Attend our Worship services at 9:00 am and 11:20 am. Religious Exploration for children, youth and adults is at 10:10 am.
At UUCA, sermons are organized around important topics designed to support you on your spiritual journey and inspire people to build a Beloved Community of progressive spiritual activists in Atlanta.
Each worship series lasts approximately 4-6 weeks. While the same theme is explored throughout the series, each service is a unique experience. With a variety of spiritual sources and practices, music, and opportunities for building connections, Sunday services at UUCA are a welcoming and energizing experience for all.
We encourage everyone to dress comfortably. Dress ranges from shorts to coat and tie; khakis and jeans are common. New to UUCA? Read about what you can expect on a typical Sunday by clicking here
Check out the current Worship series and upcoming services.
Current Worship Series
“If you have come here to help me, you are wasting your time.
But if you have come because your liberation is bound up with mine, then let us work together.”
–Lilla Watson, Indigenous Australian Visual Artist
Relational activism is working for collective liberation in a way that encourages everyone to offer up their gifts in mutually helpful and respectful ways. It places relationships at the center, because a sense of bondedness can hold people together even when the pressures of justice work threaten to tear them apart. If you’re in relationship, you show up. If you’re in relationship, you listen. If you’re in relationship, you’re willing to receive feedback non-defensively. If you’re in relationship, you appreciate and celebrate accomplishments even if things aren’t perfect and there is yet more to do. Relational Activism is a worship series that aims to inspire Beloved Community relationships in service to justice.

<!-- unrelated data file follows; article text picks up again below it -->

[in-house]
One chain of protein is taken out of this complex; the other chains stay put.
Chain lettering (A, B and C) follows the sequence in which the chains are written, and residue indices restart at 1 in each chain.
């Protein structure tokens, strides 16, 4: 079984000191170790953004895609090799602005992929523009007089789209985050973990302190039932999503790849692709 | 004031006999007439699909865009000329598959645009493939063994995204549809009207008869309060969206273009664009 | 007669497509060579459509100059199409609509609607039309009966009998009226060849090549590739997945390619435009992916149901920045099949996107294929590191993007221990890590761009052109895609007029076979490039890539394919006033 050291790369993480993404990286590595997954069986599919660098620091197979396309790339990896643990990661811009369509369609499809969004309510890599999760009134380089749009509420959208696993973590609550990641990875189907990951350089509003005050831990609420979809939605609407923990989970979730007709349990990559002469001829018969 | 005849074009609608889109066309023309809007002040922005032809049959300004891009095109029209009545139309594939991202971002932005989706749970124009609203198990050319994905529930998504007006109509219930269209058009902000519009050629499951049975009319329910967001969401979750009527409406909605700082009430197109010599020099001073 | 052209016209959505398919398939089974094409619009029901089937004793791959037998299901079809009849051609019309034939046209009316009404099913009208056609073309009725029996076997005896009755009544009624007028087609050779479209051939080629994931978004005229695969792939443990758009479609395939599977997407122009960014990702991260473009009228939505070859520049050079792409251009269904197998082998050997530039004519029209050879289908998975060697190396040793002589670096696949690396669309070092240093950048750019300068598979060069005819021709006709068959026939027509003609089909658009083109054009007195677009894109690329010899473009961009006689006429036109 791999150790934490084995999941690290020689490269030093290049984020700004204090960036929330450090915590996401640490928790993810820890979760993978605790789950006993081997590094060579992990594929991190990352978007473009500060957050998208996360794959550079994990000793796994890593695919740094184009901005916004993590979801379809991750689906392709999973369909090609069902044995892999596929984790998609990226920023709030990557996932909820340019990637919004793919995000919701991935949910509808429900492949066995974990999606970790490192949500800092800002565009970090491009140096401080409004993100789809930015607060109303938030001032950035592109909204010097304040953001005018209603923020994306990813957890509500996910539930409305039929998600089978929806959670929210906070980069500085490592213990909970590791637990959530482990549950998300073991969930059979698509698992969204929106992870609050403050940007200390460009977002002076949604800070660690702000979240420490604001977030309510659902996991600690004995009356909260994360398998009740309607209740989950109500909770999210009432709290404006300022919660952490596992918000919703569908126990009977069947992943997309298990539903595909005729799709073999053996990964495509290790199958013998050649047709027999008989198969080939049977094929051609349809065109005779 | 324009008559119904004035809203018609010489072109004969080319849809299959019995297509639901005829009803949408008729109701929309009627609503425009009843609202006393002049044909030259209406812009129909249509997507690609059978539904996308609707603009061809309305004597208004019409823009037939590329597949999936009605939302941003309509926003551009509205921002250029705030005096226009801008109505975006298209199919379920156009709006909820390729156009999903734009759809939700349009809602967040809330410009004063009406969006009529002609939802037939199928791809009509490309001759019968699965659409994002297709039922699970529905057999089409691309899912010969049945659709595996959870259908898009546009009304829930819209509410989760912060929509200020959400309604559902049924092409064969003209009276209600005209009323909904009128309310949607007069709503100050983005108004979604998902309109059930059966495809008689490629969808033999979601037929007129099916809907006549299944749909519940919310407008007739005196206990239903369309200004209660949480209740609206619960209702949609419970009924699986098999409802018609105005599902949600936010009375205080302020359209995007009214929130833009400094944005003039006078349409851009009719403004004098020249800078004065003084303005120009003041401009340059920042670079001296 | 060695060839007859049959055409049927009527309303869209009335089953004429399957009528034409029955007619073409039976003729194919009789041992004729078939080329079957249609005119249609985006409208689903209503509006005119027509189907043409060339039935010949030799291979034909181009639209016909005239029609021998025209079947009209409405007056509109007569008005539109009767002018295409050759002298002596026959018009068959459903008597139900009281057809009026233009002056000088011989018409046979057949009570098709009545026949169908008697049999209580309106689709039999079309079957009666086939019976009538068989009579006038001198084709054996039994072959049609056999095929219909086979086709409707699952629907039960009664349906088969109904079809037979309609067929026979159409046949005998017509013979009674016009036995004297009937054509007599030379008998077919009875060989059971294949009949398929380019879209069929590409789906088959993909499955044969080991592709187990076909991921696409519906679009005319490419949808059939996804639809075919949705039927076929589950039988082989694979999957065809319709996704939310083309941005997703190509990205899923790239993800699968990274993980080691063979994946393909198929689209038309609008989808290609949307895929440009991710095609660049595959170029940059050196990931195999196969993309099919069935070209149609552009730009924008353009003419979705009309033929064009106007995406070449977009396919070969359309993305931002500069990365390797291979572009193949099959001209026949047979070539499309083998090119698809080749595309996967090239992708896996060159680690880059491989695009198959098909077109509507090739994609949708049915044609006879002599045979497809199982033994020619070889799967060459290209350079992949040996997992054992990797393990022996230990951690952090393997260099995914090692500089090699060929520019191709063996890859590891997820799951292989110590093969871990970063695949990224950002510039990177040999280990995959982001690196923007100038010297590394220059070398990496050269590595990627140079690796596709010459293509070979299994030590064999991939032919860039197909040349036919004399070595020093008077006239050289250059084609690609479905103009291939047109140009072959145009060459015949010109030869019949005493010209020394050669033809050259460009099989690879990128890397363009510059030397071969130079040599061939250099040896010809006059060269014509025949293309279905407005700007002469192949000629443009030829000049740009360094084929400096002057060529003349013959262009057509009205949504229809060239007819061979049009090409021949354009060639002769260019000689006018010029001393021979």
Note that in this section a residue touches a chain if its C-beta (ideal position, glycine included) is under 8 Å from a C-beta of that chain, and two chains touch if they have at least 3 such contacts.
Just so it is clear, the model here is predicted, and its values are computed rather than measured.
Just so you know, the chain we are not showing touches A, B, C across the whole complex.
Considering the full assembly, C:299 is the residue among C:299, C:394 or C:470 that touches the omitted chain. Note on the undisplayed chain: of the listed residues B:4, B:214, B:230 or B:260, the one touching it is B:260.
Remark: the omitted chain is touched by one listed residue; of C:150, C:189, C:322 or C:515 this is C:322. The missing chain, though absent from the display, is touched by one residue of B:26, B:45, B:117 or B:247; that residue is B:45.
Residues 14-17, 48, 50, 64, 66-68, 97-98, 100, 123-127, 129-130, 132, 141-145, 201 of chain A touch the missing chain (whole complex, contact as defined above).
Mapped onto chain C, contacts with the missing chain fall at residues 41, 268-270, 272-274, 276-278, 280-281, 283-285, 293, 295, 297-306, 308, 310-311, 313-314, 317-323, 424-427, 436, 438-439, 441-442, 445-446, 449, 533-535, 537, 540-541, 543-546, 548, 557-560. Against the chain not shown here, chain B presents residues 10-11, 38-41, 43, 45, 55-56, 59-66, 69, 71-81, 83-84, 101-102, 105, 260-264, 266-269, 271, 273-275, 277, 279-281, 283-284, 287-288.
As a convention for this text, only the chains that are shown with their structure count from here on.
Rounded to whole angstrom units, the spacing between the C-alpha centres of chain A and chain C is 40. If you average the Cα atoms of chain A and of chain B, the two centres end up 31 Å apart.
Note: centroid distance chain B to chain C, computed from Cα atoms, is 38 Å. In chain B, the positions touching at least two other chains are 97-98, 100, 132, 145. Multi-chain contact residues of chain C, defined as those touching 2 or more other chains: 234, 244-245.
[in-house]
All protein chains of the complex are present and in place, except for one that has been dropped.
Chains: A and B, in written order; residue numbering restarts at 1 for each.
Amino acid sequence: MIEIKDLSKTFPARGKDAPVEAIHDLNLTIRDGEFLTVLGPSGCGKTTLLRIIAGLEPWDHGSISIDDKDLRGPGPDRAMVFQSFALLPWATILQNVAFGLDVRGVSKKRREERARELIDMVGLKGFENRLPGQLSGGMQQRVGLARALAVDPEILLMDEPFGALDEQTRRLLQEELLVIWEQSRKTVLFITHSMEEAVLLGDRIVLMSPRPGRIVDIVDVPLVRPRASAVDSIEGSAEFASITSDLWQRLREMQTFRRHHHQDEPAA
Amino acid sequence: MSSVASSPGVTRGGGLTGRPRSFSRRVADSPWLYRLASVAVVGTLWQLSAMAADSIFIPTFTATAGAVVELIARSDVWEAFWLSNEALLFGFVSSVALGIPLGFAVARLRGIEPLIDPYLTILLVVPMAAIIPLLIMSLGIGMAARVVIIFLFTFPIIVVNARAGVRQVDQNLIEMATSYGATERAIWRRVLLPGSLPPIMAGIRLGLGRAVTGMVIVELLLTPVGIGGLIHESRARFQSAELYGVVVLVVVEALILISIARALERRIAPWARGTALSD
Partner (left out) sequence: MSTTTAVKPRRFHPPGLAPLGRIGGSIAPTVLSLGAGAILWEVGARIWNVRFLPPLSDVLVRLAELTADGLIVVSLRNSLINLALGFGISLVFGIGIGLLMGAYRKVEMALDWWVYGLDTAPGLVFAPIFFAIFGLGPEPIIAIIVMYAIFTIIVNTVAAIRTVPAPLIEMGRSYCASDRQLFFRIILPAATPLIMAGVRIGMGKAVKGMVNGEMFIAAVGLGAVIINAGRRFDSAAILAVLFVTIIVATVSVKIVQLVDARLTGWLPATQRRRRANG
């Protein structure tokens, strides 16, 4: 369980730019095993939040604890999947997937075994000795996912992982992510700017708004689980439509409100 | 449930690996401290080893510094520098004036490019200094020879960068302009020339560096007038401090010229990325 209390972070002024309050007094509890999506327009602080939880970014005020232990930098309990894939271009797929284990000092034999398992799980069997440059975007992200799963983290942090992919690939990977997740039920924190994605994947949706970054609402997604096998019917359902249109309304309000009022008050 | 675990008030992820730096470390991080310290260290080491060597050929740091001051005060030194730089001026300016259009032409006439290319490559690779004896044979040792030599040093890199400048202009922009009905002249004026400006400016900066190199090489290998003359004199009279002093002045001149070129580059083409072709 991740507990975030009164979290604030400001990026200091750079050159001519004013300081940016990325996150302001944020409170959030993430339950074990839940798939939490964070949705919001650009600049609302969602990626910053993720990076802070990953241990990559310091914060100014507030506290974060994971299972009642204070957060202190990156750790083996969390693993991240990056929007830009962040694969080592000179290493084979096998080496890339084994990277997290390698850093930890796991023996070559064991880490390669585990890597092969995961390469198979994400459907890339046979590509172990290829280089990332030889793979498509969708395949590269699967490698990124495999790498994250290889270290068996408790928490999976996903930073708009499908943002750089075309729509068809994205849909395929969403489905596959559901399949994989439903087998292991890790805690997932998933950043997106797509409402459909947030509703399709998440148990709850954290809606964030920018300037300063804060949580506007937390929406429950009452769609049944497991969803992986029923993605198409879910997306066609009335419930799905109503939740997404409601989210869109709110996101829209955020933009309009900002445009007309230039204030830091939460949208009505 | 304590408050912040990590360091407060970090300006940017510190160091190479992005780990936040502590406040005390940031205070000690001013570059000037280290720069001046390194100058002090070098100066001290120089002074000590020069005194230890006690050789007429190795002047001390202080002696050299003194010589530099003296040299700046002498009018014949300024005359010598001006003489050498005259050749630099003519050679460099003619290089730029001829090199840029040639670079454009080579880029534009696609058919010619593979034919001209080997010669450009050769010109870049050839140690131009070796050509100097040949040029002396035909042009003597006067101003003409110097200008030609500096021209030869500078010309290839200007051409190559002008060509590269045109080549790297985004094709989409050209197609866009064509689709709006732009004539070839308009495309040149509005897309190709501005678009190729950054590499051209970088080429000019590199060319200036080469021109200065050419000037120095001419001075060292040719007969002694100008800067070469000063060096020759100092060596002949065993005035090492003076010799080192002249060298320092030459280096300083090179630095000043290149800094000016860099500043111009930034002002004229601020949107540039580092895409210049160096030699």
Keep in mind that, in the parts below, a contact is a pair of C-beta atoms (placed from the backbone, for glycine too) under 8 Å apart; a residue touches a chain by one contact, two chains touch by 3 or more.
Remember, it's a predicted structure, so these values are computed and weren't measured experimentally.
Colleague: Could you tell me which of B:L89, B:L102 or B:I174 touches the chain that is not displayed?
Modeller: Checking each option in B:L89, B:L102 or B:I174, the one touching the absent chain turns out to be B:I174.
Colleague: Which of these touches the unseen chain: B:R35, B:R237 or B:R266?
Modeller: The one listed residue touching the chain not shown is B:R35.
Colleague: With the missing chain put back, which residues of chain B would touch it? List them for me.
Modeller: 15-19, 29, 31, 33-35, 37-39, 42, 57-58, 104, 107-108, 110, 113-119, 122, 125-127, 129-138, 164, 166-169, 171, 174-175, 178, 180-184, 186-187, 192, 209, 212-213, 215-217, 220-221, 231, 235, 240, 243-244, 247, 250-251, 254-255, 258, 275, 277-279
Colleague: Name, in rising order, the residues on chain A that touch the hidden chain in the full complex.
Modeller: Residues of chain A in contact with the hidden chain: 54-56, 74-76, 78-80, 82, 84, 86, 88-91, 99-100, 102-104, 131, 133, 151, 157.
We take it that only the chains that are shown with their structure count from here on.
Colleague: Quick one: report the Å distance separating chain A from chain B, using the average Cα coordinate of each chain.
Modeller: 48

November 19: Relationship Activism and Appreciation (Revs. Makar and Rogers, and Intern Taryn Strauss)
On this Thanksgiving Sunday, we explore joy and gratitude as powers for creating more love and justice in the world. In an imperfect world like ours, the work is never done. We run a marathon and never a sprint. So it is absolutely essential that we find time to appreciate our accomplishments, however small they might seem. We need to celebrate!
Next Worship Series
“In the Mystery of the Hour”
The Rev. Gordon B. McKeeman asks, “How does one address a Mystery?” For Unitarian Universalists, it’s a great question, because we affirm Mystery as our very first source of truth and wisdom. We say it like this: we draw from “direct experience of that transcending mystery and wonder, affirmed in all cultures, which moves us to a renewal of the spirit and an openness to the forces that create and uphold life.”
In this worship series, we seek to find answers by embracing uncertainty, practicing reverence, deepening into the Heart, and nurturing hope.
November 26: Embrace Uncertainty (Rev. Rogers)
Several years back, theologian James P. Carse published a book entitled “The Religious Case Against Belief.” In this book, he affirms that religion is not equivalent to rigid belief systems, and he goes on to say that healthy religion encourages a “higher ignorance” which enables openness to continual learning and growth. It’s a message that resonates with our Unitarian Universalist affirmation of how “revelation is not sealed.” Today, let’s talk more about how we might better engage Mystery by embracing uncertainty.
December 3: Practice Reverence (Rev. Makar)
Rev. Gordon B. McKeeman encourages Unitarian Universalists to go into our lives reverently, with “a sense of awe, a feeling of approaching the powerful holy whose lightning slashes the sky, whose persistence splits concrete with green sprouts, whose miracles are present in every place and moment.” There is so much that transcends our humanity: ideals like truth and justice, existents like nature and (perhaps) God, and processes like birth and love and death. To engage Mystery, we must know how to practice reverence.
December 10: Deepen into the Heart (Rev. Makar)
Barbara Ehrenreich is an investigative journalist best known for her breakout book, Nickel and Dimed. In her writing career, her focus has often been on social justice issues. But recently she wrote a book entitled Living With a Wild God, in which she talks about mystical experiences she had when she was a teenager. She says, “There are experiences that lie beyond words. Usually we lump them in the category of ‘spiritual.’ I don’t know quite what that means. […] Writing this book, I had to confront it. As a writer, I’ve got to see what I can do with language, how close I can get. It’s not easy. Maybe I failed. There are experiences beyond language, and maybe language isn’t the best tool. But it’s my tool.” Today, we use the tools of music and ritual and, yes, words to explore a dimension of life that is profoundly meaningful and yet ineffable, beyond words.
December 17: Nurture Hope (Taryn Strauss and Women Empowered)
Join Ministerial Intern Taryn Strauss and the ladies of UUCA’s Women Empowered group for an inspiring service that will take us into the winter season full of hope.